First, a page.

For Five Minute Friday, I usually write a short story. The character “magically” appear in my mind along with how they feel and what’s happening. Normally, I can see a scene—a rise in the action and the fall. (It’s a lovely byproduct of telling stories for YEARS…until someone catches you actually talking to yourself.)
But this week, the prompt speak has left me scrambling. It has, ironically, stripped me of words. Bits and pieces of thoughts & characters tumbled through my mind—images of my daughter speaking up for a fellow student, a gentle word from a friend, the struggle to tell the truth—but they’re void of the rise and fall.
And I wonder if there might be a reason for that. Continue reading “Words and a Life Lived”
She stands on the threshold big toe hanging over and it makes her heart beat just as fast as the cars driving across her little house. Anything that stays in one place long enough
Anything that stays in one place long enough can’t move no more.
It’s not like Maeva Dawn wants to be stuck inside all the time, afraid of the darkness that’s outside her little dog trot house. She just can’t make herself put more than her right big toe outside her doorway.
Somehow life had made a cage for her and little-by-little she’d given up. Continue reading “On the Threshold: A Short Story”
He stood, flanked by metal bars that stretched long in front of him. The sweat of his hands threatened to break his grip, spill him pell-mell onto the floor. This, the first time he’d been out of a chair or bed since the accident, and he was destined to make a fool of himself in front of every single person in the room.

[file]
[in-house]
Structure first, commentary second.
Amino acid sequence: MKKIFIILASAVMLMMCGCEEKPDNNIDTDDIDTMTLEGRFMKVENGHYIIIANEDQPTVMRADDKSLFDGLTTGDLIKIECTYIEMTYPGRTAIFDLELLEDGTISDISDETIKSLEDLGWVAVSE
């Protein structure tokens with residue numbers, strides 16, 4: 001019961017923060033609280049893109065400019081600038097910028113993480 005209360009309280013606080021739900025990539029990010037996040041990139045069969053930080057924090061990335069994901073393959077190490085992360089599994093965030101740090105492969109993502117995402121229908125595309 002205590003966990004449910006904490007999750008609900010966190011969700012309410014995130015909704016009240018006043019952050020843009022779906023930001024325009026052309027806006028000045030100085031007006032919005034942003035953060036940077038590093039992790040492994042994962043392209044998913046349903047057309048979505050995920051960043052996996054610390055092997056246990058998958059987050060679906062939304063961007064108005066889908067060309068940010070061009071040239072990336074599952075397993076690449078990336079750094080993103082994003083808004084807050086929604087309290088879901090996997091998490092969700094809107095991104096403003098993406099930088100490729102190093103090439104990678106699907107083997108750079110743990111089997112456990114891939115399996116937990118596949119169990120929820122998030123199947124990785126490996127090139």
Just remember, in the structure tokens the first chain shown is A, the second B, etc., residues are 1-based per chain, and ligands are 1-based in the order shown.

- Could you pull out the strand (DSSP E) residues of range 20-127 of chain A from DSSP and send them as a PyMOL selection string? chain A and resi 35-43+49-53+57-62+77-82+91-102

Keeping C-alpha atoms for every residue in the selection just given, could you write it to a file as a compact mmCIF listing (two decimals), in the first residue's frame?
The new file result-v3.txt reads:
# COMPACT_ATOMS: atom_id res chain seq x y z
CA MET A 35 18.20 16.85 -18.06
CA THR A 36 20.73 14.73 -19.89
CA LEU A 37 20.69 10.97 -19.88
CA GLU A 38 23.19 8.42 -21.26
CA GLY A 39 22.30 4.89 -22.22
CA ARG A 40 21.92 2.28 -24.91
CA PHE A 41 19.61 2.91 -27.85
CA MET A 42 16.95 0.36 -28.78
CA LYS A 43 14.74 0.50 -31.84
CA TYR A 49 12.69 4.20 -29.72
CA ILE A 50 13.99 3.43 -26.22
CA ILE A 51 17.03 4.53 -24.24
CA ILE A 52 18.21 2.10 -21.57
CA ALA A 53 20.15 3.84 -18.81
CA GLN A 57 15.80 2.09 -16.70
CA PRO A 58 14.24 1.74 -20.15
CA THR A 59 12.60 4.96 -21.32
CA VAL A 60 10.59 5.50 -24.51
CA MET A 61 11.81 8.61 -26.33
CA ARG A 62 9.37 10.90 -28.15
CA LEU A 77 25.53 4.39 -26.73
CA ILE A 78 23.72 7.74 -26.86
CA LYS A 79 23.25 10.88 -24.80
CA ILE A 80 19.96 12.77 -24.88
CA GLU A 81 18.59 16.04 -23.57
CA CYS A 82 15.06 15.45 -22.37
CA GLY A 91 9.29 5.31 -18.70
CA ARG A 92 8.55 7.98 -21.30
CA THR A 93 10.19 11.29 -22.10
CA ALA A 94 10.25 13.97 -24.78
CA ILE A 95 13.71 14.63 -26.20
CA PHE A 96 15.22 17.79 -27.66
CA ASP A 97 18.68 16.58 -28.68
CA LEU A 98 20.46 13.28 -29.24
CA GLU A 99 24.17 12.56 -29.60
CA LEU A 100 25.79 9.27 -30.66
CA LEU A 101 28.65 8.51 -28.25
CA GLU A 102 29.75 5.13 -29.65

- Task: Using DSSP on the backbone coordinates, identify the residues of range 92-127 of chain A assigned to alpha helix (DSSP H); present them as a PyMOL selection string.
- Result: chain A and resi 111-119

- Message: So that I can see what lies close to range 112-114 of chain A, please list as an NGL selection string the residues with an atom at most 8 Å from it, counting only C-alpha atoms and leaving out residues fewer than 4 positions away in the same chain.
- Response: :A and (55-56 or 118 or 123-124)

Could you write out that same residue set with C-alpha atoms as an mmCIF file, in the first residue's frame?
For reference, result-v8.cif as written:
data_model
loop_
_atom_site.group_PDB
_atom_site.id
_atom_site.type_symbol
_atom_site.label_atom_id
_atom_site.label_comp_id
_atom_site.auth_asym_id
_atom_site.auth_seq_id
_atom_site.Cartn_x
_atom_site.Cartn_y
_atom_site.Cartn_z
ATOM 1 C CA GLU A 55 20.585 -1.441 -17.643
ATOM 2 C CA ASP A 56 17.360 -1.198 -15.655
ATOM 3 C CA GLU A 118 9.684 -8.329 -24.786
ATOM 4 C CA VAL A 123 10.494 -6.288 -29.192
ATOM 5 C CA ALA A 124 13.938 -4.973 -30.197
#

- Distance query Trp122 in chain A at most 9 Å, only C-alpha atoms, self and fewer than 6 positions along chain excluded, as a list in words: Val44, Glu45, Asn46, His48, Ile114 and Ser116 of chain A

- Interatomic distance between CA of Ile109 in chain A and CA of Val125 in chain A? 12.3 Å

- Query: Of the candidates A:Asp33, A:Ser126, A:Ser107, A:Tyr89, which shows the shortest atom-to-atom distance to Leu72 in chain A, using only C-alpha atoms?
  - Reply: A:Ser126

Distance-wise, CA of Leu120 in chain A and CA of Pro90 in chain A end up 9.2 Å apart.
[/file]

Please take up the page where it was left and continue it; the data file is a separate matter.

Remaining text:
“You can do this, sir.”
Sir. Everyone here called him sir…as if his long ago rank was still settled in stripes on his shoulder. Continue reading “First Steps—A Short Story”
She closed her eyes against the gaping white canvas. There was a time when she could get lost inside a world of her own making. Just her and a paint brush against the boring gray world of school institutions and suburban life.
Sighing, she laid the brush aside and pushed to her feet. The square window flickered with the coming storm. She flicked out the light and stood leaning against the window frame. Outside heat lightening stitched through the night sky illuminating the edges of dark clouds, and she smiled.
She could almost hear the wind in the trees at Gramma’s house, feel the electricity lift the hairs on her arms. With the lights still dim, a pencil in hand, she sketched the trees against the dark sky, glowing behind clouds. She may not ever have Gramma back, but she could bring Gramma’s house to canvas, remember the only place that was homeshare the beauty, stoke inspiration for other.
This post is a response to the Five Minute Friday prompt: Inspire. The rule is no editing (although I can’t stop myself a little. I am an editor after all). It’s obviously no longer Friday. I spent more than a few hours with my kids as they sold their crafts at craft sales. I’m slightly burnt and dehydrated, but I loved the chance to let my kids have a little taste of entrepreneurship. I pray you’ll have a wonderful week.
Last weekend I attended a Writer’s Conference as part of the faculty (for those of you not familiar that means I was there working as my editor persona). The odd thing about conferences is that I tend to come away with little nuggets even when I’m not officially attending. And this one was no different.
I realized I needed to be more consistent in my writing of stories. I don’t know what that looks long term (as in for tomorrow). But for today, I’m using a prompt from Five Minute Friday. As the name suggests, I wrote without editing (Lord, preserve us all) for five minutes. So now that you know what’s going on. Here is my story about “Collect.”
I let the stones trickle over my fingers and into the grey box. 1-2-3-4-5. Smooth, cool. The thunks of the landing echoing against the cardboard where I’d stashed my mishmash collection of stones since I was a kid.
A deep red I found on the beach—Spring break with my mom. The Petoskey, engraved with strange, long dead coral—summer vacation with husband. Sea glass, quartz, …
A record without words. I tucked the box back into the shelf and leaned my head against the cabinets breathing in the rain scrubbed air. Relishing the quiet that only comes from vacation, fresh-air, and showered kids tucked in bed. Continue reading “ReCollect: a Short Story”